Why Has the Natural Rate of Unemployment Increased over Time?
University of Houston - Department of Economics; Institute for the Study of Labor (IZA)
Kevin M. Murphy
University of Chicago; National Bureau of Economic Research (NBER)
Robert H. Topel
University of Chicago - Booth School of Business; National Bureau of Economic Research (NBER)
NBER Working Paper No. R1694
In 1970, when Robert Hall asked, "Why Is the Unemployment Rate So High at Full Employment?" the unemployment rate for adult men stood at 3.5 percent. That rate, which had been substantially below that level throughout the late 1960s, would climb to 4.4 percent in the recession of 1971. More recently, after the longest economic expansion of the post-war period, the unemployment rate of prime-aged men in the late 1980s settled at just below 5 percent of the labor force. What changes in the American labor market led to this apparent secular increase in the natural rate of unemployment. Twenty years later, we revisit Hall's question and turn up some new answers.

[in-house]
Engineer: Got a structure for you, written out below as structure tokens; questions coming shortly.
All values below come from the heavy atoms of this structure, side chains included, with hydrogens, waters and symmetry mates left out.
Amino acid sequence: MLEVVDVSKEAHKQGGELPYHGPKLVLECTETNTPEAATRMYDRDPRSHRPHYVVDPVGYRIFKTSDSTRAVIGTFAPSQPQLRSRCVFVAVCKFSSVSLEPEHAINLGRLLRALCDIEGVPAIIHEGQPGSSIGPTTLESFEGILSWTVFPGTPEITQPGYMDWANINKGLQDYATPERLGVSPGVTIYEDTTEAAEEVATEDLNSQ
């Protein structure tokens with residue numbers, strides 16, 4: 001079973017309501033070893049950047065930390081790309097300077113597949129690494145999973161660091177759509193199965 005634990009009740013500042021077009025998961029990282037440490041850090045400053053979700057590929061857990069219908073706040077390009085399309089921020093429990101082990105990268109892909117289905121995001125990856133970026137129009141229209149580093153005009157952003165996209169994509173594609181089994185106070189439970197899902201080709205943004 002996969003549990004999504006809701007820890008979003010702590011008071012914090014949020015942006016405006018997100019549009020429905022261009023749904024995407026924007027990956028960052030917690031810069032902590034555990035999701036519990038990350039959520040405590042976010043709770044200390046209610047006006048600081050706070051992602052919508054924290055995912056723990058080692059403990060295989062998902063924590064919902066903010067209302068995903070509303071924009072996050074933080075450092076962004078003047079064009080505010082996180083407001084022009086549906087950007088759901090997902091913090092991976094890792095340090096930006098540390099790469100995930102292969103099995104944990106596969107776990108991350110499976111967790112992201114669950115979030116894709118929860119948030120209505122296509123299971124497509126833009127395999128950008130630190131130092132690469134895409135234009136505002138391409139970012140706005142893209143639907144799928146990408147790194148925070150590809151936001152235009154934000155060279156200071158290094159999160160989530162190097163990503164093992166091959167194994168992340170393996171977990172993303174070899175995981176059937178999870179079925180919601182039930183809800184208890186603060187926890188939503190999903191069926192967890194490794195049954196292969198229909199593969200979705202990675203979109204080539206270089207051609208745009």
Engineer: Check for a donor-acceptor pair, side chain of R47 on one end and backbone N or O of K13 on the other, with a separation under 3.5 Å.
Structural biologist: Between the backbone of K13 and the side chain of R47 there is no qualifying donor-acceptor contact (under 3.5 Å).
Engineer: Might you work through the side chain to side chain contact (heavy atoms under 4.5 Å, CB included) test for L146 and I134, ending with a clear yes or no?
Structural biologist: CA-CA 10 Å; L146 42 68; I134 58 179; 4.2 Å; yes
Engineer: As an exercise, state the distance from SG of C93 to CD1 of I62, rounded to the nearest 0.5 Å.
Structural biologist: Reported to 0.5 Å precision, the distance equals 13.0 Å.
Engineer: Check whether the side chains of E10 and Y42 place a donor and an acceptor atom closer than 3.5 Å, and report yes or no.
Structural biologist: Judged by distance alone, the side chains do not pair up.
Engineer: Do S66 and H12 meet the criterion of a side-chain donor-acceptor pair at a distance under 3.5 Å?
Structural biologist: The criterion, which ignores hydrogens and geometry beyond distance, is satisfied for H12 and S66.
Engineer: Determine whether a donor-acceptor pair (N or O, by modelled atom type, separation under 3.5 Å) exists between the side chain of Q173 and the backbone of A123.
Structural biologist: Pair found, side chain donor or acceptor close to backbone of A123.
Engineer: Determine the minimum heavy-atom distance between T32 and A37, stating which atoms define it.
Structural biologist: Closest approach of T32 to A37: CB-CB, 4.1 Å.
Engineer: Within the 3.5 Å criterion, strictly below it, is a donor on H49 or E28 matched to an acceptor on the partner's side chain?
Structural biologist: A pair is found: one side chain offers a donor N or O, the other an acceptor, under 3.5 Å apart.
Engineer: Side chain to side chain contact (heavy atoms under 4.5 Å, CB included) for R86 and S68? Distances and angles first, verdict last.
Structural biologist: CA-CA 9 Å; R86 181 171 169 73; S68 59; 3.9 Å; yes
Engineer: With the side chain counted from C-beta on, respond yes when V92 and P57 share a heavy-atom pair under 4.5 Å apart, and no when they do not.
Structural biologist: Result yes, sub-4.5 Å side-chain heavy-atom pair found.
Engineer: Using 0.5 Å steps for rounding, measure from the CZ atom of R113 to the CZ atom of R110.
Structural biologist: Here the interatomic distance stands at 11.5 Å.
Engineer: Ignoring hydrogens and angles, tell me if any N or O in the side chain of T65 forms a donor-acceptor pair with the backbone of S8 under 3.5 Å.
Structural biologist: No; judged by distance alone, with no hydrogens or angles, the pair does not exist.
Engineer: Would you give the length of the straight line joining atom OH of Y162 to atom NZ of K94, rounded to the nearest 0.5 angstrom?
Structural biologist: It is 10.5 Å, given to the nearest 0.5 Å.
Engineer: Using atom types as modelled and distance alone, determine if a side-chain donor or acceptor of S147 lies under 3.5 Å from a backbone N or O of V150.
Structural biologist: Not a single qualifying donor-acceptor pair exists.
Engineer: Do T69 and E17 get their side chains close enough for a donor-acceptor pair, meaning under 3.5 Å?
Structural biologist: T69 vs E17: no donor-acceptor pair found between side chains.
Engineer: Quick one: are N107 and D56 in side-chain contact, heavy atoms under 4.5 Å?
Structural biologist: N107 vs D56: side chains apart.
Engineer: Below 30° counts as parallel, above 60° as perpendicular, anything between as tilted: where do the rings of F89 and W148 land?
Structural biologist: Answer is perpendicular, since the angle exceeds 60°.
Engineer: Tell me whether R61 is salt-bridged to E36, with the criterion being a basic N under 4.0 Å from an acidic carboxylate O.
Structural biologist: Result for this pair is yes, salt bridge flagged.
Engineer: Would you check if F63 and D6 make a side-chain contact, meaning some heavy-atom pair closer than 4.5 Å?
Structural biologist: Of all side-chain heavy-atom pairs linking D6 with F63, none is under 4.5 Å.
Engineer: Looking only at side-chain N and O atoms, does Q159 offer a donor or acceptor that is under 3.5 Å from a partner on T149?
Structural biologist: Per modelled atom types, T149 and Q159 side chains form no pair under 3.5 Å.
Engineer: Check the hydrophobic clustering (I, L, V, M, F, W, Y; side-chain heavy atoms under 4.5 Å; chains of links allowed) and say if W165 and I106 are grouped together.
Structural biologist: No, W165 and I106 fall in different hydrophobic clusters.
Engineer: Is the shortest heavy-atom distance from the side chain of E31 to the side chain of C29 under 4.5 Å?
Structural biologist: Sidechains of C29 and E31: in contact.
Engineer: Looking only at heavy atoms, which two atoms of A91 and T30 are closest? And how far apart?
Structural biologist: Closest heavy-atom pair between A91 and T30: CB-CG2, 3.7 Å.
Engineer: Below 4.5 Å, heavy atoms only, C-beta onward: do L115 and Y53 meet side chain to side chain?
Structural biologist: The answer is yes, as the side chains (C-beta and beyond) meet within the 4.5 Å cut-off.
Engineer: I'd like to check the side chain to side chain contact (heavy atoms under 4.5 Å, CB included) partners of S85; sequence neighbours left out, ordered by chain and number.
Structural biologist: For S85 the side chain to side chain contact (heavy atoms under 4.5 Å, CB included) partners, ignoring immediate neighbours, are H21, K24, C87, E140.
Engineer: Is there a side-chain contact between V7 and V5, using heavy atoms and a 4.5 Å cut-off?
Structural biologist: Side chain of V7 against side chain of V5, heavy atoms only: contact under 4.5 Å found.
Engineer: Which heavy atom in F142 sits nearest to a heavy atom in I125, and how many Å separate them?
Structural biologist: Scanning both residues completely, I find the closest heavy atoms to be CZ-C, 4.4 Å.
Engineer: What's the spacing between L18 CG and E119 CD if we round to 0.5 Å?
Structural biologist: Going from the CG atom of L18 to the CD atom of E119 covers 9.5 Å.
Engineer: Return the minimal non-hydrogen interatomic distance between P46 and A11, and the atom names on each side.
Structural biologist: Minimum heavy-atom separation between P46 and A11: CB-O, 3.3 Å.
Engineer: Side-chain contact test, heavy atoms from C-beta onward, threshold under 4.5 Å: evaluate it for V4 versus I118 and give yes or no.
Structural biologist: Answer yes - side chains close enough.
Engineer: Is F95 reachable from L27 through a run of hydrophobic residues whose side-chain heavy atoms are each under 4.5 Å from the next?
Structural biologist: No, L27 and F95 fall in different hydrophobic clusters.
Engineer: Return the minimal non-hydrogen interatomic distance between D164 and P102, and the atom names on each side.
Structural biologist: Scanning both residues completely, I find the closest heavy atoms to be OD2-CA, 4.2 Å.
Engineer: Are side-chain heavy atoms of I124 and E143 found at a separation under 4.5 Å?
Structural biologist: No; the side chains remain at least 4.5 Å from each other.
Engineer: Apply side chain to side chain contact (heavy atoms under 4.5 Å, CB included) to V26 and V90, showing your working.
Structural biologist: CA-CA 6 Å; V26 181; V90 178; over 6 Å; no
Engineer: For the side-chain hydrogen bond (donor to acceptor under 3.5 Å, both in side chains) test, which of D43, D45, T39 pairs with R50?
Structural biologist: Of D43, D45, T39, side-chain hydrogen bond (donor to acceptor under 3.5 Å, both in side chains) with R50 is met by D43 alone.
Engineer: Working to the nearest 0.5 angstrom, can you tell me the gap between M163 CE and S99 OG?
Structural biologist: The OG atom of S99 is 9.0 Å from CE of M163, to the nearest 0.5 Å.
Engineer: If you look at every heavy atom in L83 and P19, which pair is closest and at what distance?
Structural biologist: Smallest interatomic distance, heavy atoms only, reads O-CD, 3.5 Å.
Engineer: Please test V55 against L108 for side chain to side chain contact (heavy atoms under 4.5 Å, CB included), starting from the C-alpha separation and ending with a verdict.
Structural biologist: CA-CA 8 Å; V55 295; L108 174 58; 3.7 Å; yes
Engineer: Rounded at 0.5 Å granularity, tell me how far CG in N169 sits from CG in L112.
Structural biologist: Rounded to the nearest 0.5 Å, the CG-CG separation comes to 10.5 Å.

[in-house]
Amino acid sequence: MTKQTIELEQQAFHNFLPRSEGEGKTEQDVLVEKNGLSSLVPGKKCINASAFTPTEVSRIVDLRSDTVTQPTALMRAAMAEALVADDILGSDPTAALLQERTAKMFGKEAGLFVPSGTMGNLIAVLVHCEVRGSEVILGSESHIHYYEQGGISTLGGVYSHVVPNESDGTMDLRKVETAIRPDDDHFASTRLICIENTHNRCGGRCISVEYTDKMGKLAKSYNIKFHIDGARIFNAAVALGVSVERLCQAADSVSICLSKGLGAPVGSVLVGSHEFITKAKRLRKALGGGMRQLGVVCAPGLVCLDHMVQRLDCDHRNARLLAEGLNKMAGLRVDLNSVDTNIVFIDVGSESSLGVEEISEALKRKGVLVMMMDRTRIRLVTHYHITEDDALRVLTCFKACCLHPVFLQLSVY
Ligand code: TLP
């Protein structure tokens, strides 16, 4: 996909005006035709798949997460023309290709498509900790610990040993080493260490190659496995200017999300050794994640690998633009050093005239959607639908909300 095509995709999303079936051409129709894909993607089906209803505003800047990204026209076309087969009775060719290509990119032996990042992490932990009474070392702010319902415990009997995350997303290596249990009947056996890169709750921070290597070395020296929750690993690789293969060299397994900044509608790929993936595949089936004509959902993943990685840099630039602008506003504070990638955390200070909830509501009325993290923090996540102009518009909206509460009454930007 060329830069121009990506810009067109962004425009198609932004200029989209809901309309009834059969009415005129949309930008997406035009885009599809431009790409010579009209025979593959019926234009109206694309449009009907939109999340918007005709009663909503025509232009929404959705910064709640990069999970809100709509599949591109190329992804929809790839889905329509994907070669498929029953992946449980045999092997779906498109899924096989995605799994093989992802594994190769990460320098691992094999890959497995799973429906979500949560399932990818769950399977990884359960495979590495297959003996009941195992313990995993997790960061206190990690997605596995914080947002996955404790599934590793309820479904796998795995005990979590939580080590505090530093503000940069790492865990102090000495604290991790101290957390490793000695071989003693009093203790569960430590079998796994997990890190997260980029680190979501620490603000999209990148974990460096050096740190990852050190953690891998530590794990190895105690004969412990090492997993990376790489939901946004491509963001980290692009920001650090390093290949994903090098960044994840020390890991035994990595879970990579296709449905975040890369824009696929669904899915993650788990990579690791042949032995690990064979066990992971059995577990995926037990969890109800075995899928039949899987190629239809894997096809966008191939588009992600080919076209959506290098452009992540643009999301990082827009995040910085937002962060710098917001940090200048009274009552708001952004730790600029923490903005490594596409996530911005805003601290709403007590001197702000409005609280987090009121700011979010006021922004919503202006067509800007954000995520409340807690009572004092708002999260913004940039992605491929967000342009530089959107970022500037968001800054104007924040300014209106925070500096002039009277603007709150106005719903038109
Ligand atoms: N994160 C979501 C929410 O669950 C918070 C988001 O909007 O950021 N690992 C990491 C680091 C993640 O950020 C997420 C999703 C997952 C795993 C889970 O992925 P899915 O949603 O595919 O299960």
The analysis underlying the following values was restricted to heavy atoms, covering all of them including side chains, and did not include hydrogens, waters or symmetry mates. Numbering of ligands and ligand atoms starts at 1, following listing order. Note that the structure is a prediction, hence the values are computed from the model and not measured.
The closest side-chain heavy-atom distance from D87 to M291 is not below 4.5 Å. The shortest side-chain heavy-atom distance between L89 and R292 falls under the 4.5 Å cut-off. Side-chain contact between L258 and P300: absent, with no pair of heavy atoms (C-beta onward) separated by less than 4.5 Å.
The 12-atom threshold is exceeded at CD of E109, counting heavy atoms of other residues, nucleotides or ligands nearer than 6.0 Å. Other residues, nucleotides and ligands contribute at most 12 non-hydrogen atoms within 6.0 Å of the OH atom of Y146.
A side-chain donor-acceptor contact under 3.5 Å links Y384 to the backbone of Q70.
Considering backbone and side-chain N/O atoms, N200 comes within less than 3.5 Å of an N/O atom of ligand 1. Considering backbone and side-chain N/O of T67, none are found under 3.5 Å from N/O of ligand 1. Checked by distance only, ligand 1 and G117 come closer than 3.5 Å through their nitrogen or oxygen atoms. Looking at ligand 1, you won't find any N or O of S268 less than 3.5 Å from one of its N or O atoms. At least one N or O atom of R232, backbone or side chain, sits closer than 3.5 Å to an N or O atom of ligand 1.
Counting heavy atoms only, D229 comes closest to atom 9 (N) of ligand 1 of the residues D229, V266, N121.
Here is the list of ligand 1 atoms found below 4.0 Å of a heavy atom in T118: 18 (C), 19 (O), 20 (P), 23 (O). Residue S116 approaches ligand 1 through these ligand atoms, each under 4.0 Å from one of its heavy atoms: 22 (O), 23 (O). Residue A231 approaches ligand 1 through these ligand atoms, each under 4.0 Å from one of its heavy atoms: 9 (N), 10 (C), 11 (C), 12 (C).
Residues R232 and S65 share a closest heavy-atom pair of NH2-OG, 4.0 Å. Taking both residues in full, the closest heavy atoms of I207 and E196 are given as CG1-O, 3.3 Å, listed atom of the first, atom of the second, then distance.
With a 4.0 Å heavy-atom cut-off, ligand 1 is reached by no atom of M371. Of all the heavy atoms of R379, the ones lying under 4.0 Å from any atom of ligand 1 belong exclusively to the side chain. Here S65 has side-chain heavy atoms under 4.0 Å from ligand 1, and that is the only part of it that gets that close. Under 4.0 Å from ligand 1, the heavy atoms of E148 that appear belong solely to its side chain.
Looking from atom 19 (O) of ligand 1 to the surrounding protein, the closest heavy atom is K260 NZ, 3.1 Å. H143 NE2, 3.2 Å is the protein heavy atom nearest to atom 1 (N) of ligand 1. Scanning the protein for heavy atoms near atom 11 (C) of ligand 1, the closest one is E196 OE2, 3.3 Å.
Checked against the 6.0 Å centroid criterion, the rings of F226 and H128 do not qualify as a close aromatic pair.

Number of Pages in PDF File: 52working papers series
Date posted: January 3, 2002
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